Bryan is a pretty historic town located in the heart of Texas. The city was formally founded in 1855 by William Joel Bryan, whose grandfather was one of the founders of the state of Texas. The city is home to many attractions, historic buildings and sites on the National Register Of Historic Places. The town is an excellent place for those who love history and are interested in learning more about the small yet dynamic towns that make up the state of Texas. If you’re eager to do some exploration, these are some of Bryan’s top historical sites:
Brazos Valley African American Museum
The Brazos Valley African American Museum provides visitors to explore and uncover the cultural history of African Americans. Built on the site of one of the original black schools in the Brazos Valley, the museum is the first museum dedicated to African American history and culture in the Brazos Valley. Its exhibitions include artifacts exploring the African American experience, artifacts from the African continent, civil war, and civil rights movement memorabilia and history.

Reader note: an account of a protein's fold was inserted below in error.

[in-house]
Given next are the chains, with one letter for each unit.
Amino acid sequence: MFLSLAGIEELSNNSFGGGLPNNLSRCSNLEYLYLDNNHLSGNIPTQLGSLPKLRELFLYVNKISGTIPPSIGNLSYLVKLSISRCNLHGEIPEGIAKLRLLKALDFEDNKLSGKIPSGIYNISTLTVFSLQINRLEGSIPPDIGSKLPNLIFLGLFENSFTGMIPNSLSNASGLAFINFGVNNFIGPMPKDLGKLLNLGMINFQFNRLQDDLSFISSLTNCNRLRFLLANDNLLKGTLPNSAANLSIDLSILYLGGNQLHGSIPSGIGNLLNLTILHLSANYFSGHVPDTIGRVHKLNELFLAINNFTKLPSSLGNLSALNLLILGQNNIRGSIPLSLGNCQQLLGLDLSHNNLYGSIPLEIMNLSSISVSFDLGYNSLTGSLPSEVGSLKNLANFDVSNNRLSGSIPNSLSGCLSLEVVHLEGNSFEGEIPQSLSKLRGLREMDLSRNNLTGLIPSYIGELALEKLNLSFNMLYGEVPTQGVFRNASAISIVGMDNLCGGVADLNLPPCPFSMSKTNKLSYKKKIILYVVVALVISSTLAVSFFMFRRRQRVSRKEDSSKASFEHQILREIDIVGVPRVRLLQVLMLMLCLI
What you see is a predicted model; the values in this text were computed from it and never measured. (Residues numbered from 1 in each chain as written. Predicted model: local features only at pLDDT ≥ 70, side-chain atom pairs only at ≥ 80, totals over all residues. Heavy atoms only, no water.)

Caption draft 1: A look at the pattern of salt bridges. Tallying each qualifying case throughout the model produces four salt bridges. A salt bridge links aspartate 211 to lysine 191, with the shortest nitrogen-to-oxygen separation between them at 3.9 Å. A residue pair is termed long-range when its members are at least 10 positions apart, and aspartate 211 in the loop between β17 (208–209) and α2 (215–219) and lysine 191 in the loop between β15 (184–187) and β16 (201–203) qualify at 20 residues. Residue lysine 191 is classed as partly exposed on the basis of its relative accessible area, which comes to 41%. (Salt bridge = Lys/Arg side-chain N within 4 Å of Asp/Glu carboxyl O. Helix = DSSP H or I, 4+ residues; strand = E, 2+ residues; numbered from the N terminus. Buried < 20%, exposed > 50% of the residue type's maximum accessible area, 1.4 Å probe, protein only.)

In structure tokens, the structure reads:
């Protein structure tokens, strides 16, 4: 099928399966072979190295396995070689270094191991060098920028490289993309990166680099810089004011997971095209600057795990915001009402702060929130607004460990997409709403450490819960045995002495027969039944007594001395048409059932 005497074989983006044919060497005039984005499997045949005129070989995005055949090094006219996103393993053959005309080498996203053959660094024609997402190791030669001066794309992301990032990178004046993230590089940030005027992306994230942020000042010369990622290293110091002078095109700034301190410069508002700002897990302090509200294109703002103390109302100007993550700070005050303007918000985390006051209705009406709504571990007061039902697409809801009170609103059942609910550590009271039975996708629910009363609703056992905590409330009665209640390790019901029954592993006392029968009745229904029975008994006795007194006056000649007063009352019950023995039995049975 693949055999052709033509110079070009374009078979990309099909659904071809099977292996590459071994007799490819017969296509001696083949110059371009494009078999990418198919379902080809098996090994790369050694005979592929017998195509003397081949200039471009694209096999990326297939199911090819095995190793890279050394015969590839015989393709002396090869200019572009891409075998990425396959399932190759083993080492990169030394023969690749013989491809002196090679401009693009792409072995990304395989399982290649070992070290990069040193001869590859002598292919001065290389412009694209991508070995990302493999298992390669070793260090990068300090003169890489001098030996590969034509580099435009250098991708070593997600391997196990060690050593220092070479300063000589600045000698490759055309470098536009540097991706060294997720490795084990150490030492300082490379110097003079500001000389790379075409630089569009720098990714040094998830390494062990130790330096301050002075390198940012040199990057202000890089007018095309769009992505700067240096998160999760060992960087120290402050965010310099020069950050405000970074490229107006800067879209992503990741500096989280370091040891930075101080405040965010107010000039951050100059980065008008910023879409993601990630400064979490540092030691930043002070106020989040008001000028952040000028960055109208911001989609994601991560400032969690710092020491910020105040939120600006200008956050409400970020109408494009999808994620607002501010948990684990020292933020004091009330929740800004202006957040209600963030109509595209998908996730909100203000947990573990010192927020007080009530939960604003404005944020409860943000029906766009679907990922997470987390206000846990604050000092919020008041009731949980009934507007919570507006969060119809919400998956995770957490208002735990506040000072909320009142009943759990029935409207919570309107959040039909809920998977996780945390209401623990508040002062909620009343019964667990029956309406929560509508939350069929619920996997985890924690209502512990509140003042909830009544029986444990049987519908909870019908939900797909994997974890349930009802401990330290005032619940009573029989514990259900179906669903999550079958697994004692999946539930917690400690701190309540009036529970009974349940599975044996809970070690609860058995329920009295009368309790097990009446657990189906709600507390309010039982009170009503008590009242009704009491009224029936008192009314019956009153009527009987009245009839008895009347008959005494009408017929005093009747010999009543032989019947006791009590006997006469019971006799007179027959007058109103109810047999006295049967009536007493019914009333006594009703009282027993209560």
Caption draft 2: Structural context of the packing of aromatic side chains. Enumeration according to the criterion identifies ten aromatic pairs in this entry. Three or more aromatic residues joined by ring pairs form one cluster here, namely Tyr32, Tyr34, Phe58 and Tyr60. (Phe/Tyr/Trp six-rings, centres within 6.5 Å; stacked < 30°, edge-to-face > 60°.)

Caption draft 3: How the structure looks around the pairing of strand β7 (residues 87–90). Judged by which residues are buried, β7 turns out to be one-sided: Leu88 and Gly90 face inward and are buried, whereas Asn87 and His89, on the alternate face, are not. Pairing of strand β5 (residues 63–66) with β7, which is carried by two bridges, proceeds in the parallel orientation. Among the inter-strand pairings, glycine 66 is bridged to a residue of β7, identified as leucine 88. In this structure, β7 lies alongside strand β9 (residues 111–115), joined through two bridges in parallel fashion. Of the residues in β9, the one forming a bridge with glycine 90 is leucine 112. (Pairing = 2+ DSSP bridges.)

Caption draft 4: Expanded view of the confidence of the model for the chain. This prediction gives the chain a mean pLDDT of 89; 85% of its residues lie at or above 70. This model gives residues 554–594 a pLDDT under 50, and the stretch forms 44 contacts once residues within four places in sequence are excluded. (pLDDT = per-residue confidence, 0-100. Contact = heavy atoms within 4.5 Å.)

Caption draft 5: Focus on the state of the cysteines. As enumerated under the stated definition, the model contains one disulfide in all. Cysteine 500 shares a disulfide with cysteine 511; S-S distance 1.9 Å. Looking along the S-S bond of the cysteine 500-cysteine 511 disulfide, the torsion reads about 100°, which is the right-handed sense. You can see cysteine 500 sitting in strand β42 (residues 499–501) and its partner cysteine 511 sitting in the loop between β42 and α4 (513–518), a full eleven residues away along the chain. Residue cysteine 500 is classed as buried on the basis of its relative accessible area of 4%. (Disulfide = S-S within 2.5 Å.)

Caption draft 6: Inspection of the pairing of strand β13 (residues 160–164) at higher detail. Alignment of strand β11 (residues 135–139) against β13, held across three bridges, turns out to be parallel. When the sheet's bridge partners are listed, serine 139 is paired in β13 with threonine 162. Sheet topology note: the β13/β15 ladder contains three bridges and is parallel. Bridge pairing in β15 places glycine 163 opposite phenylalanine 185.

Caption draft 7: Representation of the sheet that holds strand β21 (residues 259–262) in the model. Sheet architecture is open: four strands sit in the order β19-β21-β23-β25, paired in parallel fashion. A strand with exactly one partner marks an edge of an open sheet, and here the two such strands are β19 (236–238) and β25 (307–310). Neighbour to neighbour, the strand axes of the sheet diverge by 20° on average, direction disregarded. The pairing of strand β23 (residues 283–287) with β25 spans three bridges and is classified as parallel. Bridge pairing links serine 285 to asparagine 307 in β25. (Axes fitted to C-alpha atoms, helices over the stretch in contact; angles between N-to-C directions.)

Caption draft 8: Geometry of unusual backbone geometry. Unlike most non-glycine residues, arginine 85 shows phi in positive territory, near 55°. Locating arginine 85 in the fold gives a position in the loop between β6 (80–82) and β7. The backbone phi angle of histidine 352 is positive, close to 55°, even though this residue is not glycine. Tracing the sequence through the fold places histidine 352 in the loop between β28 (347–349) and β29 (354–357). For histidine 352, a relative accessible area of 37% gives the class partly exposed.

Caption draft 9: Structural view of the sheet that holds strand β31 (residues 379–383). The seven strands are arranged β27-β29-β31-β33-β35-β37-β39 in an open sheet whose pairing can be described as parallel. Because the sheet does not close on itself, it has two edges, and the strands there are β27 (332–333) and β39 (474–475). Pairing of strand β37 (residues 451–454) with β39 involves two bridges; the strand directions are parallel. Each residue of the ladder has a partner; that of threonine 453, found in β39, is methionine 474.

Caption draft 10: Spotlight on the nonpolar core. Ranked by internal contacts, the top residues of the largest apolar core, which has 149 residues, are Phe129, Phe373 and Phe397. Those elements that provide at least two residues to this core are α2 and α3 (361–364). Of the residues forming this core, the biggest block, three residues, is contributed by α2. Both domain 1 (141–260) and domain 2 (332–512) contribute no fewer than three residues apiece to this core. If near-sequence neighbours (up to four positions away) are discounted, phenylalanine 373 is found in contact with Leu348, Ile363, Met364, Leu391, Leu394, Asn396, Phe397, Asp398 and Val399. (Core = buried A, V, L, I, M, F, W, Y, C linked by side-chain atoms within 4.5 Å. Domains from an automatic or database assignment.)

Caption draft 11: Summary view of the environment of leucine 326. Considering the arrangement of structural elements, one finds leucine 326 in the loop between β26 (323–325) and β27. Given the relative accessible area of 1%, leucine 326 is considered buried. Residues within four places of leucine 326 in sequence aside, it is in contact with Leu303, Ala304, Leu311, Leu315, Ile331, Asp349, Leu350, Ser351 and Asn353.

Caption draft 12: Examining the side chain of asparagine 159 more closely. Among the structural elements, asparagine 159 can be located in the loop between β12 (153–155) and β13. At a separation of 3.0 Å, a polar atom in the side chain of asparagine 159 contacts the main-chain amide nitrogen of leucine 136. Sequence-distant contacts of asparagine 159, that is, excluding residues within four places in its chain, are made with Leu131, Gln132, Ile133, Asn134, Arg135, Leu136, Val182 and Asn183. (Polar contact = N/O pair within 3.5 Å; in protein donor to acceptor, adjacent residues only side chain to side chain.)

Brazos Valley Museum Of Natural History
The Brazos Valley Museum Of Natural History tells the story of the Brazos Valley, all the way from the prehistoric animals that roamed these plains, the first Native American tribes to trek across the valley, and eventually the Anglo colonizers that ultimately settled in the area. It also offers visitors the opportunity to learn about Bryan’s natural habitat and how it changed and evolved over the centuries.
George H.W. Bush Presidential Library and Museum
While not exactly in Bryan, but in the metropolitan area of Bryan-College Station, you’ll find the George H.W. Bush Presidential Library and Museum. The museum gives visitors an in-depth look into the eight years that President George H.W. Bush was in office. It highlights some of the important issues that his office dealt with, legislation passed as well as historical events that took place during his presidency.